Michael Stone is a well-known author of books about customer service but he’s having trouble connecting with people around him. As a matter of fact, everyone else has the same flat voice including his wife and kid. Everything else looks boring too, even the expensive hotel with all its uniform halls. Luckily for Stone, he meets someone who finally changes his dull world, but eventually, his reality unravels and reveals the root of his malaise.
Anomalisa is able to capture the nuances of real-life moments by relying on small naturalistic expressions, such as a slight furrow on the eyebrows and a half-smile on the lips. The stop motion puppetry showed the awkwardness and shyness when two strangers have sex with such accuracy that it’s borderline sorcery.
The movie uses subtext throughout the film, with clues along the way to tip you off about what this movie is really about.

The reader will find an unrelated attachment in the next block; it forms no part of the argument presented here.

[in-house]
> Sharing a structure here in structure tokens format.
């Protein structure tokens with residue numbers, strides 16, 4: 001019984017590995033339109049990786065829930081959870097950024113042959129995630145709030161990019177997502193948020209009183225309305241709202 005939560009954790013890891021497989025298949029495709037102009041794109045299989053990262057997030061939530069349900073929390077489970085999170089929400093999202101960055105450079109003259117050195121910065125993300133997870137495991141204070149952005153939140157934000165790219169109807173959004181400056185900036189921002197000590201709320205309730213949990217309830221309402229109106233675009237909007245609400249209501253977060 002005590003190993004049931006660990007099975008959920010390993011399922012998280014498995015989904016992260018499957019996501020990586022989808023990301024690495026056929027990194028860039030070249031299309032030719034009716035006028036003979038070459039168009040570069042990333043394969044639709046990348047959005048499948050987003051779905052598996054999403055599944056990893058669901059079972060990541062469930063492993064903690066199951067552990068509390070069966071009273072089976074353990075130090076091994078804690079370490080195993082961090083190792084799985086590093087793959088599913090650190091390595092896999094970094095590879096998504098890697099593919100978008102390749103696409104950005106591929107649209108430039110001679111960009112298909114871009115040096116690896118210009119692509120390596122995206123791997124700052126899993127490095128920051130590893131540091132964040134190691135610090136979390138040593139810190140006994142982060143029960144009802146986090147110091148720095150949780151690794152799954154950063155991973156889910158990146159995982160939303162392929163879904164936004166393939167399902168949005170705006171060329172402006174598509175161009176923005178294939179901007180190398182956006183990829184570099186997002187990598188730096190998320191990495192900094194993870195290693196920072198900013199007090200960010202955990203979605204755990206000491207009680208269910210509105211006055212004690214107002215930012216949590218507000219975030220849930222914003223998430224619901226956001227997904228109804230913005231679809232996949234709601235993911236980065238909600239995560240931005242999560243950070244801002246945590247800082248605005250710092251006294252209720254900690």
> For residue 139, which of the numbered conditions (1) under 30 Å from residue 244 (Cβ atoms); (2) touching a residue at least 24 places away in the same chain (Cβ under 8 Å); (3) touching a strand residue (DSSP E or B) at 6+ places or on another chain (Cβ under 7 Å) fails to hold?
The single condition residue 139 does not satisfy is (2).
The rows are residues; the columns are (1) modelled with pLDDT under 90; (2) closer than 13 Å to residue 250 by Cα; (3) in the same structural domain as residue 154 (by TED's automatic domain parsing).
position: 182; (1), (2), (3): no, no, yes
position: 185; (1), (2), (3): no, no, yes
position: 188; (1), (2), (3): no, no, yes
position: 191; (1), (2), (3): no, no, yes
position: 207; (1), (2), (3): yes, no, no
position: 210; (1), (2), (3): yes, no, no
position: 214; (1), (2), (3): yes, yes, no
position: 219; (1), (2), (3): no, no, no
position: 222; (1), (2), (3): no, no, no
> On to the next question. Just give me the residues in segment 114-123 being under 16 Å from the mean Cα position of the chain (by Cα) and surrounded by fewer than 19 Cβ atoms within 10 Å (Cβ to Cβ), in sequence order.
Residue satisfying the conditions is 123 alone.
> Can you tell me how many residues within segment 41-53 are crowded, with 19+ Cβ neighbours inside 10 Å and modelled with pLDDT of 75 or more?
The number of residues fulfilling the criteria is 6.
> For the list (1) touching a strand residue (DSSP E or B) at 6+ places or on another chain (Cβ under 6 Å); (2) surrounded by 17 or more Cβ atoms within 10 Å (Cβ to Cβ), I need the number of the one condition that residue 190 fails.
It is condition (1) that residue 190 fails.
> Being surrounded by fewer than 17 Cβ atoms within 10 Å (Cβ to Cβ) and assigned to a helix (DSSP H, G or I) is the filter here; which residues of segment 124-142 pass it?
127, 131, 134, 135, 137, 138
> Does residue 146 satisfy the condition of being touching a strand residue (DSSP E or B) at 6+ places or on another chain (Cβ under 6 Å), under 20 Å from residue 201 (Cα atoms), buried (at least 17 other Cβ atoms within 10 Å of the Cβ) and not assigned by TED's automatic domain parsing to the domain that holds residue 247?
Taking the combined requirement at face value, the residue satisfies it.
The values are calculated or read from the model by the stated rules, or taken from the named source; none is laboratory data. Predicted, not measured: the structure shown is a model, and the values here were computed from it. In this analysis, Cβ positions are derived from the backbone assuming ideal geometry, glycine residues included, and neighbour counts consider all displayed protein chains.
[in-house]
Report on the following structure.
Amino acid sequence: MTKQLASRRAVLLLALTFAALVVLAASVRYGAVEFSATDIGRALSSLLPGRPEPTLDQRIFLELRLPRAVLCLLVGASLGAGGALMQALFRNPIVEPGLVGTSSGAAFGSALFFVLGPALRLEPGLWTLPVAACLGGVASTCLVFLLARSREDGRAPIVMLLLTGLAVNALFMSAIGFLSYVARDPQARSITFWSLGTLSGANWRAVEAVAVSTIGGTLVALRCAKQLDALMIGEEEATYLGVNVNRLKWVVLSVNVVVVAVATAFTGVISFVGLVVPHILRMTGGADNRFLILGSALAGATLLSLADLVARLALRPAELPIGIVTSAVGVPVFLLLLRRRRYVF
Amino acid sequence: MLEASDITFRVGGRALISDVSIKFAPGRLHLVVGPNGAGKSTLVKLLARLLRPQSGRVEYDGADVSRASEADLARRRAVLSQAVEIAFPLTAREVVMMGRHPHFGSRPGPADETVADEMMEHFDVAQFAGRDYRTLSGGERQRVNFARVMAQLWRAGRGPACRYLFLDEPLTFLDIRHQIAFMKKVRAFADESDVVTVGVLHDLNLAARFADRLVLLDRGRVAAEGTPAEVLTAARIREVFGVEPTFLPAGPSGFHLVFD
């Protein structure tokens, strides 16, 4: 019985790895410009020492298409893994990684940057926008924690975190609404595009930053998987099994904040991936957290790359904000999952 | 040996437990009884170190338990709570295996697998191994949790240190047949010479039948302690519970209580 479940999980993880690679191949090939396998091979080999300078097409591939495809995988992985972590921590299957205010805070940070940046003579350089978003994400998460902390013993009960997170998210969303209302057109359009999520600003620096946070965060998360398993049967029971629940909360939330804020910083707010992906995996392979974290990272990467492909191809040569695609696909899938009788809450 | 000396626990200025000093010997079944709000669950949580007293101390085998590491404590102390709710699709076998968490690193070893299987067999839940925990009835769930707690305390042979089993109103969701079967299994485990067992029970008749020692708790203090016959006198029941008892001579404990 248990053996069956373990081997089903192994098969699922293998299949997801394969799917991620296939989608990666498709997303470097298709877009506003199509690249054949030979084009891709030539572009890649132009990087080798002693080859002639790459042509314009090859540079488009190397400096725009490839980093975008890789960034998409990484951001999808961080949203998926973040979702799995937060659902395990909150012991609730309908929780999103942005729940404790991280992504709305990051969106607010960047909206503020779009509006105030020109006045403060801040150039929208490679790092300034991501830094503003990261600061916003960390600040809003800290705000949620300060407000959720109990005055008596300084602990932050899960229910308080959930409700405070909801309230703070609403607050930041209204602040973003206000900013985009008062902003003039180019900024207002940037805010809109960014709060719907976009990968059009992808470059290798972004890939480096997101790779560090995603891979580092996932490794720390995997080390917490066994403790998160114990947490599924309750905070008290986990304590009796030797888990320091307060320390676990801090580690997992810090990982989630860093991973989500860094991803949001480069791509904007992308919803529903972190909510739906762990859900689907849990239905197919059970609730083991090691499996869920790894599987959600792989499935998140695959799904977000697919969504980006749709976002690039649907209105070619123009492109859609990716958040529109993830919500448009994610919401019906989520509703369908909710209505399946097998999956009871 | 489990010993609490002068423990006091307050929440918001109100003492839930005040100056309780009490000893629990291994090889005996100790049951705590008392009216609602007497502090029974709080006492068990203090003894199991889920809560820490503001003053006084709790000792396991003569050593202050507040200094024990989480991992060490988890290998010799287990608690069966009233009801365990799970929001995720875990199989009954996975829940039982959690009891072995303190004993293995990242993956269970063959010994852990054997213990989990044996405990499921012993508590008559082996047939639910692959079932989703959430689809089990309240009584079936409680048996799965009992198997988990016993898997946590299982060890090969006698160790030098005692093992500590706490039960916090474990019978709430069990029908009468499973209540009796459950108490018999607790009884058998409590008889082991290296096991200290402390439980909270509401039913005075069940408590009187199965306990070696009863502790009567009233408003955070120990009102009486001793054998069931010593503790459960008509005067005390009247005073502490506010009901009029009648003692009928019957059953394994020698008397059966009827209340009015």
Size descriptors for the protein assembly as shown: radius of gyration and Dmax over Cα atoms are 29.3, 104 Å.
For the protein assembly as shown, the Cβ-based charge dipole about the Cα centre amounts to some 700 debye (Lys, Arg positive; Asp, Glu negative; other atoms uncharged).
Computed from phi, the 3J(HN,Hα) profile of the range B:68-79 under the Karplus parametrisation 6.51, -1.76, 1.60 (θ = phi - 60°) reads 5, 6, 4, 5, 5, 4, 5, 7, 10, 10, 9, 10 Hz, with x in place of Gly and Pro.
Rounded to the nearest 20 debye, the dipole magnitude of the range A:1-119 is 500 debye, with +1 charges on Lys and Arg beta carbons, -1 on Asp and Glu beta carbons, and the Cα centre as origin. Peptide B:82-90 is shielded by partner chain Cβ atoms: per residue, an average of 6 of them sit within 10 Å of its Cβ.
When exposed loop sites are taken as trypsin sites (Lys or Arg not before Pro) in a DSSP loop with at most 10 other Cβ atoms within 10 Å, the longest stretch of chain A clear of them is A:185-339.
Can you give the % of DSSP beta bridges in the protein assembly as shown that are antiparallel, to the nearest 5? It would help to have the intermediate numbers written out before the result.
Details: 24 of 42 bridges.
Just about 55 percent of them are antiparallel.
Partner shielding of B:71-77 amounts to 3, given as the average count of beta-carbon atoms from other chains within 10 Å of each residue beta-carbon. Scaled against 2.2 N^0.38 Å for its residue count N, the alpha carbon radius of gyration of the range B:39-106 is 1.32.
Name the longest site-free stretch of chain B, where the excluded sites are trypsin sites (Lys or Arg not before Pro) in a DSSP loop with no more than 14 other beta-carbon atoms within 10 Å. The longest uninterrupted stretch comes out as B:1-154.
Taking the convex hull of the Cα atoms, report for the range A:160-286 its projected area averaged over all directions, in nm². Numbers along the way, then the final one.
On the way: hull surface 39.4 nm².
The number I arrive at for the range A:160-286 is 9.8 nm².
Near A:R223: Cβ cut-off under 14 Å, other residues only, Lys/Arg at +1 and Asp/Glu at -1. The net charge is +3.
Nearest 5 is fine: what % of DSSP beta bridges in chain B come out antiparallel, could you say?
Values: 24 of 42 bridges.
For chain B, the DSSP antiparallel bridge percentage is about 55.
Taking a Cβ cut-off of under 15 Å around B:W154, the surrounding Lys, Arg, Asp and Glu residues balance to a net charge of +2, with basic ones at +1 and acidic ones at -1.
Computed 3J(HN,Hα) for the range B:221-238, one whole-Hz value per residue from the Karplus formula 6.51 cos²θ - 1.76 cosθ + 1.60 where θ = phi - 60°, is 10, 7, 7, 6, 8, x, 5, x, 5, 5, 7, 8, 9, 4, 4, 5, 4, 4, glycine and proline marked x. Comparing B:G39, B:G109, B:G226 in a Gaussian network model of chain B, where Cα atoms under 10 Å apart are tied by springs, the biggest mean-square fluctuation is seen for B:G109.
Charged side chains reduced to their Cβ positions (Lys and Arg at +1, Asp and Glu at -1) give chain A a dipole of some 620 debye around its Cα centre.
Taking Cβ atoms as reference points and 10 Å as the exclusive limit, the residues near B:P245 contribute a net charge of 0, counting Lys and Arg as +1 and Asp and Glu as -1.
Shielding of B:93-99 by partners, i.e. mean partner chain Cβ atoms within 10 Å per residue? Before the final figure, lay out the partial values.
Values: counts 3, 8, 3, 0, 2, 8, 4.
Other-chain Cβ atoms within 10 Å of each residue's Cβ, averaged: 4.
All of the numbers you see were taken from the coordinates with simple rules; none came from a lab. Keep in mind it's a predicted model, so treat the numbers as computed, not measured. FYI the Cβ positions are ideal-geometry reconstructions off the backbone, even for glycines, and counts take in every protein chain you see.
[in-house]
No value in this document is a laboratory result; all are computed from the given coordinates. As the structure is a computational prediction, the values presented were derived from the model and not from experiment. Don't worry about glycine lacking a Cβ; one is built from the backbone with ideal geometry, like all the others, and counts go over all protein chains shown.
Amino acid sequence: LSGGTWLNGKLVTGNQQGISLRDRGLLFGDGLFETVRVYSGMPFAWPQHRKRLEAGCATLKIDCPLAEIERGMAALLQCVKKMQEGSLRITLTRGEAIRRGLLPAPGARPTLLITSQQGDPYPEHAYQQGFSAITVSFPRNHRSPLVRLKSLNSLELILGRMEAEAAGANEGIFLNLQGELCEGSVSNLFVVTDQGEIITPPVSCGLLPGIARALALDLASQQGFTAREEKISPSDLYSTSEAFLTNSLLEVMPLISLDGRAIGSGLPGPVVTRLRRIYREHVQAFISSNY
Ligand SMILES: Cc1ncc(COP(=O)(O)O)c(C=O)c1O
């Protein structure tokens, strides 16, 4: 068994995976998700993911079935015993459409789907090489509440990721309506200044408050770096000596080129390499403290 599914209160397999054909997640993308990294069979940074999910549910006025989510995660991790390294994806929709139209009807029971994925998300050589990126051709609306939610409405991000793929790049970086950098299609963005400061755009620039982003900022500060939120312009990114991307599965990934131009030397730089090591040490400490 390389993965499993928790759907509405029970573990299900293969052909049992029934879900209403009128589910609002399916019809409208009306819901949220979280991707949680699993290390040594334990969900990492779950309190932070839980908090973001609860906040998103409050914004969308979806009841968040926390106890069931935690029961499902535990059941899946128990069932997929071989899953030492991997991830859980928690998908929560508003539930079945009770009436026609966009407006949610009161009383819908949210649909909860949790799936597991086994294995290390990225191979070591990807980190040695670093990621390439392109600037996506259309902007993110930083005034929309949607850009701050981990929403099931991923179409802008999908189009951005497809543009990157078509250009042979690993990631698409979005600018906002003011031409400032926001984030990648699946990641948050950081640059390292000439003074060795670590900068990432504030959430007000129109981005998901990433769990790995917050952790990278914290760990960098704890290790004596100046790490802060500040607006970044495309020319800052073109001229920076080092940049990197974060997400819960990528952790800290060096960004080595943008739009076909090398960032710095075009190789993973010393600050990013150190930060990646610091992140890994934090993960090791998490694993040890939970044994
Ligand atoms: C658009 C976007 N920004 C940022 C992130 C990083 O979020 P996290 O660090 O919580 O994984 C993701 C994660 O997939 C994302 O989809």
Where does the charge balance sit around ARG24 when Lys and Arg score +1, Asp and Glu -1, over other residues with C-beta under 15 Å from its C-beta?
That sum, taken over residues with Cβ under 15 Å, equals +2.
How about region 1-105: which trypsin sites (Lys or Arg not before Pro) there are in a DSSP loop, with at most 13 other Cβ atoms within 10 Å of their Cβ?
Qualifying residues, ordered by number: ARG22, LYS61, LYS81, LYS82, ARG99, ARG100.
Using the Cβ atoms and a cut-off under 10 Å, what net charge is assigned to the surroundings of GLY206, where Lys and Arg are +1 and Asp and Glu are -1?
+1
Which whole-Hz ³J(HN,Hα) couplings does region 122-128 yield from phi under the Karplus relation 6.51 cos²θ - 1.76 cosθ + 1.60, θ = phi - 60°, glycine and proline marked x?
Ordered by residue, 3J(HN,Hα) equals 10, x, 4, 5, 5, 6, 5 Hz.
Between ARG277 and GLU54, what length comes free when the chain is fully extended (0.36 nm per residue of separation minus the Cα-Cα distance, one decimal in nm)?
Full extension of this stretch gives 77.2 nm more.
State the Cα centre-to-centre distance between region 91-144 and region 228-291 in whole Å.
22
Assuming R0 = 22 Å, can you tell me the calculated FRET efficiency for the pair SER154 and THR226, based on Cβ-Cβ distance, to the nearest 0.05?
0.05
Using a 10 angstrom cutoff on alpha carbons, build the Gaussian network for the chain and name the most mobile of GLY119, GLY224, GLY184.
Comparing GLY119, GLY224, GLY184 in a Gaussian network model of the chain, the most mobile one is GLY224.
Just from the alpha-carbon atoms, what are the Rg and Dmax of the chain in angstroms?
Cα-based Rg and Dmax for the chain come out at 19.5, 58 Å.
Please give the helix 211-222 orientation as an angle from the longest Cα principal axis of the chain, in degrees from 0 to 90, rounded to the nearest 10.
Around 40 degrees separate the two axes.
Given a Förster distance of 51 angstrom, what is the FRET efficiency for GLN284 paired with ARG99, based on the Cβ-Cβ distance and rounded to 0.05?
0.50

While it touches on loneliness, isolation, individuality, and conformity, the movie doesn’t develop any of it.
Anomalisa is as pretentious and whiny as Garden State.
Instead of a manic pixie dream girl to cure his existential crisis, he meets Lisa, a self-deprecating gullible kinda dumb girl in an adult woman’s body. She is a fan of his book. His ego gets a boost. They sleep together.
Michael doesn’t overcome his despair as the movie continues with its bleak outlook. His infatuation fizzles as soon as he finds a small flaw with Lisa. The movie tells us that the women around him aren’t worthy enough to live with for long and everybody else is dull. And so, his dull world remains unchanged.
Anomalisa follows the Kaufman formula – a mopey middle-aged man who thinks he’s a genius and cheats to nourish his ego.
Overall, Anomalisa is still an engaging and intriguing movie for those who are searching for something different. But for such an artistic, beautiful, and ambitious movie that is able to transcend its medium, it’s a shame that the lesson it wants to teach you is wrung from tired stale tropes.
Anomalisa is an artistically ambitious and beautiful film undercut by a sexist trope and a tired character study of the whiny privileged male.